French President Emmanuel Macron condemned what he called an “Islamist terrorist attack” on a history teacher who was beheaded in a Paris suburb on Friday, urging the nation to stand united against extremism.
The teacher had discussed caricatures of Islam’s Prophet Muhammad with his class, authorities said. The suspected attacker was shot dead by police after Friday’s beheading.
The French prosecutor against terrorism launched an investigation into the murder with a suspicion of terrorist motive, the prosecution said.
Macron visited the school where the teacher worked in the town of Conflans-Saint-Honorine and met with staff after the killings. An Associated Press reporter saw three ambulances arriving at the scene as well as heavily armed police around the area and police buses parked in nearby green streets.
“One of our countrymen was murdered today because he learned … the freedom of speech, the freedom to believe or not believe,” Macron said.
He said the attack should not divide France because that is what the extremists want. “We must all stand as citizens,” he said.
The gruesome killing of the teacher took place in the town of Conflans-Sainte-Honorine while the suspect was killed by police in neighboring Eragny.
A police officer said the suspect, armed with a knife and an airsoft gun – which fires plastic pills – was shot about 600 meters from where the male teacher was killed after he did not respond to orders to put his arms down and act in a threatening way.
The teacher had received threats after opening a discussion “for a debate” about the caricatures about 10 days ago, the police officer told the Associated Press. The parents of a student had lodged a complaint against the teacher, another police officer said, adding that the suspected killer did not have a child at the school.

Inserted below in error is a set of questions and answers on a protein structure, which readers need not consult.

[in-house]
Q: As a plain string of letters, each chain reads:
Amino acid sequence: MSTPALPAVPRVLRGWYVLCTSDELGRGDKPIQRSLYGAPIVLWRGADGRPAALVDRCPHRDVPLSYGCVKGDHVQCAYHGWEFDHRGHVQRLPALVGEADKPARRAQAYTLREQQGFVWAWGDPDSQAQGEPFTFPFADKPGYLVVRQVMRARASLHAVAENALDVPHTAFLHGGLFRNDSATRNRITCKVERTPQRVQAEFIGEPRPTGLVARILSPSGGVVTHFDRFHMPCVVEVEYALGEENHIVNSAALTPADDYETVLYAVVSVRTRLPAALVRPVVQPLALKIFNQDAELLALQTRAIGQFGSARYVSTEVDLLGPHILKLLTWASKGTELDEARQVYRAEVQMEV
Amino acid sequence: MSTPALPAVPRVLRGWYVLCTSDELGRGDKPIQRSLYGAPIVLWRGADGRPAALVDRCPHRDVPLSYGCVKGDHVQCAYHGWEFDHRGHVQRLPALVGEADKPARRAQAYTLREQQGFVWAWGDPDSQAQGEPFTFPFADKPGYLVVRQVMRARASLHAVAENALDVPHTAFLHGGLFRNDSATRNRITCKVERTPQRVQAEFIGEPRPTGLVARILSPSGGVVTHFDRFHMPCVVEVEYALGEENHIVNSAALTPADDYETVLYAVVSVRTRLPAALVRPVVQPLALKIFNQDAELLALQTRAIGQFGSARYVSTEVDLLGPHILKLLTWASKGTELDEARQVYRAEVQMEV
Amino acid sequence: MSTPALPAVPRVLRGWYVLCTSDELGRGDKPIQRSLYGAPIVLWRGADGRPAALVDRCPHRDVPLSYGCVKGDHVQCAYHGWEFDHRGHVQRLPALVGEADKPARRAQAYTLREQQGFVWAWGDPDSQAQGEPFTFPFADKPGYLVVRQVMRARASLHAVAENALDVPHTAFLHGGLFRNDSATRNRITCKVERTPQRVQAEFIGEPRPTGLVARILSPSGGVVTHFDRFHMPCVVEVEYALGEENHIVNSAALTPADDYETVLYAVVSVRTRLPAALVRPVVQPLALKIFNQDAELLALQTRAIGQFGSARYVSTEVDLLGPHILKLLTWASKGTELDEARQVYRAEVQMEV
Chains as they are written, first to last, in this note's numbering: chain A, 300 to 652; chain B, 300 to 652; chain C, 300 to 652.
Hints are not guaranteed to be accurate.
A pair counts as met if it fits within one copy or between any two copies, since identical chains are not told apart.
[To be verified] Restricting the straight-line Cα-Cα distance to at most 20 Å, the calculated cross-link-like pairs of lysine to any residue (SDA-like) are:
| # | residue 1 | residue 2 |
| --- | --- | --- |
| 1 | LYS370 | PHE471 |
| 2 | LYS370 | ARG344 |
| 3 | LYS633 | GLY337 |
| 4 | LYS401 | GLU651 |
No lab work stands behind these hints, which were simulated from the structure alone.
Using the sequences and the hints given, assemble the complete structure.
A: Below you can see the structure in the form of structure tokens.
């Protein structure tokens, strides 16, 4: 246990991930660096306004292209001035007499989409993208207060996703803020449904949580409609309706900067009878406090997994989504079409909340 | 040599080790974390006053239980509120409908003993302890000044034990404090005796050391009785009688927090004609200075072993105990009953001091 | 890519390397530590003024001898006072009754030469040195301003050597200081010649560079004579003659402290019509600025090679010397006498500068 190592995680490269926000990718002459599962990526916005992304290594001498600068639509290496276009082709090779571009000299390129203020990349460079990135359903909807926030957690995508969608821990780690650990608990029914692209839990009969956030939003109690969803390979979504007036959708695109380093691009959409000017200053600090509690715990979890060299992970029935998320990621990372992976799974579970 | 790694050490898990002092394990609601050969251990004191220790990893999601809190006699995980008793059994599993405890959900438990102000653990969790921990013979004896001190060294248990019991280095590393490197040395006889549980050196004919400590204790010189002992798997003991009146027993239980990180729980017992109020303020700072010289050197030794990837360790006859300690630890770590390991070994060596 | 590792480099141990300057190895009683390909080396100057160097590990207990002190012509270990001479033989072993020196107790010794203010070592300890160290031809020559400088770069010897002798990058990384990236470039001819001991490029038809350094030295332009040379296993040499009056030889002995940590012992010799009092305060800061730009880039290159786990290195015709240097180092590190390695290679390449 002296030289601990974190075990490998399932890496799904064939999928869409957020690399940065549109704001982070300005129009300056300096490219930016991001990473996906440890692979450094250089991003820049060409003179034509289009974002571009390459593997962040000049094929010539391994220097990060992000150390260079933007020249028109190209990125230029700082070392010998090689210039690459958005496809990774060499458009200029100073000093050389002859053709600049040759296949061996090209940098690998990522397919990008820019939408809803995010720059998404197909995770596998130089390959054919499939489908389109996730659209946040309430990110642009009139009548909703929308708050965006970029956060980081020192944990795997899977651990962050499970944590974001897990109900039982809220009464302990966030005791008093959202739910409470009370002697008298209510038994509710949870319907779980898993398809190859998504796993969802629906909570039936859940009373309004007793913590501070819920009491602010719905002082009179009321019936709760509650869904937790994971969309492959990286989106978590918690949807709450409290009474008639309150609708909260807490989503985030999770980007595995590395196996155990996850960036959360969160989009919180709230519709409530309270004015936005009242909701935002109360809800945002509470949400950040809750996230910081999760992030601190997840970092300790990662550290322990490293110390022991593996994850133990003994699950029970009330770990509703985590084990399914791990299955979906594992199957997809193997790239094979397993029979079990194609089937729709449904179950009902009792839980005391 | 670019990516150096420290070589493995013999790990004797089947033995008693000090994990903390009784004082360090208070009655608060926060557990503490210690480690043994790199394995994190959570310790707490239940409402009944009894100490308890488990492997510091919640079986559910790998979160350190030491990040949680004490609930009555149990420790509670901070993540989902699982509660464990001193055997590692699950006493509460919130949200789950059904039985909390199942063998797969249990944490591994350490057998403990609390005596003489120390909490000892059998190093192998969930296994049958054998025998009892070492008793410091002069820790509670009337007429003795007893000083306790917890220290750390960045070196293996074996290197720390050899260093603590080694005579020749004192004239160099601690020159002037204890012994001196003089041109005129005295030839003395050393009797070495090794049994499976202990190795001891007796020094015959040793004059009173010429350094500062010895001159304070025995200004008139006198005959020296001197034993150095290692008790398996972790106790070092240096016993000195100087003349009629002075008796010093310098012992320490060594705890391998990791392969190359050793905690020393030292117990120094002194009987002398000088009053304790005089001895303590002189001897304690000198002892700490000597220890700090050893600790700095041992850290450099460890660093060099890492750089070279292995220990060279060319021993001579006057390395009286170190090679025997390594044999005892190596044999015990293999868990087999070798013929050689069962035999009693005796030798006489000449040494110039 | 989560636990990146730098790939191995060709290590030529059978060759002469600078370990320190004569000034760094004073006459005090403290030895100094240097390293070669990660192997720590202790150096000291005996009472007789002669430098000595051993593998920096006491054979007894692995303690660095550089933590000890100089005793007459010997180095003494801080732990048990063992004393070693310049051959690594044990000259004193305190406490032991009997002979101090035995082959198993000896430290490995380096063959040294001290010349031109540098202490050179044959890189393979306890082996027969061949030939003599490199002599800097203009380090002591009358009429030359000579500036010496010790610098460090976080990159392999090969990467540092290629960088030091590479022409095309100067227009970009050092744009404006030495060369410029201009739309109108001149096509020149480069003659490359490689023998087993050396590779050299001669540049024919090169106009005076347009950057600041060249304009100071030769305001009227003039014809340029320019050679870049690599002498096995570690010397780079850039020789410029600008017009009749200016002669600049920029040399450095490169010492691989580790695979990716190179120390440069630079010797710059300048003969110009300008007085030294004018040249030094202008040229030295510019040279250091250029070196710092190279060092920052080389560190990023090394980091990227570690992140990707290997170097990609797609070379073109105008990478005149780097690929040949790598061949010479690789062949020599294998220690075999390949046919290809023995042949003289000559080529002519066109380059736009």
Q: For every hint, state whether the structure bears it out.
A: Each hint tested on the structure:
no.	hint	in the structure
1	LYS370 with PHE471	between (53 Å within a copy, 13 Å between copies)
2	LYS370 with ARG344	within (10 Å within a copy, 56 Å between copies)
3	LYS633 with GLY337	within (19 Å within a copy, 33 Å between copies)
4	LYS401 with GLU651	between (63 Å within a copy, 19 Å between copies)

The identity of the suspect was not disclosed. French media reported that the suspect was an 18-year-old Chechen, born in Moscow. This information could not be confirmed immediately.
The two officials could not be named because they were not authorized to discuss ongoing investigations.
France has offered asylum to many Chechens since the Russian military waged war against Islamist separatists in Chechnya in the 1990s and early 2000s, and there are Chechen communities scattered around France.
France has experienced occasional violence involving its Chechen community in recent months in the Dijon region, the Mediterranean city of Nice and the western city of Saint-Dizier, believed to be linked to local criminal activity.
The attack came as Macron pushed for a new law against what he calls domestic “separatism,” especially by Islamic radicals accused of indoctrinating vulnerable people through homeschooling, extremist preaching and other activities.
France has the largest Muslim population in Western Europe with up to 5 million members, and Islam is the country’s No. 2 religion.
“We did not see this coming,” Conflans resident Remi Tell told CNews television station. He described the city as peaceful.
It was the second terror-related incident since the opening of an ongoing trialin January 2015 on the satirical newspaper Charlie Hebdo following the publication of caricatures of the Prophet of Islam.
When the trial opened, the paper republished caricatures of the Prophet to emphasize the right to freedom of expression. Exactly three weeks ago, a young man from Pakistan was arrested afterthere were no life-threatening injuries outside the newspaper’s former offices. The 18-year-old told police he was saddened by the publication of the cartoons.
The incident came as Macron’s government is working on a bill to address Islamist radicals that the authorities claim are creating a parallel society outside the values of the French Republic.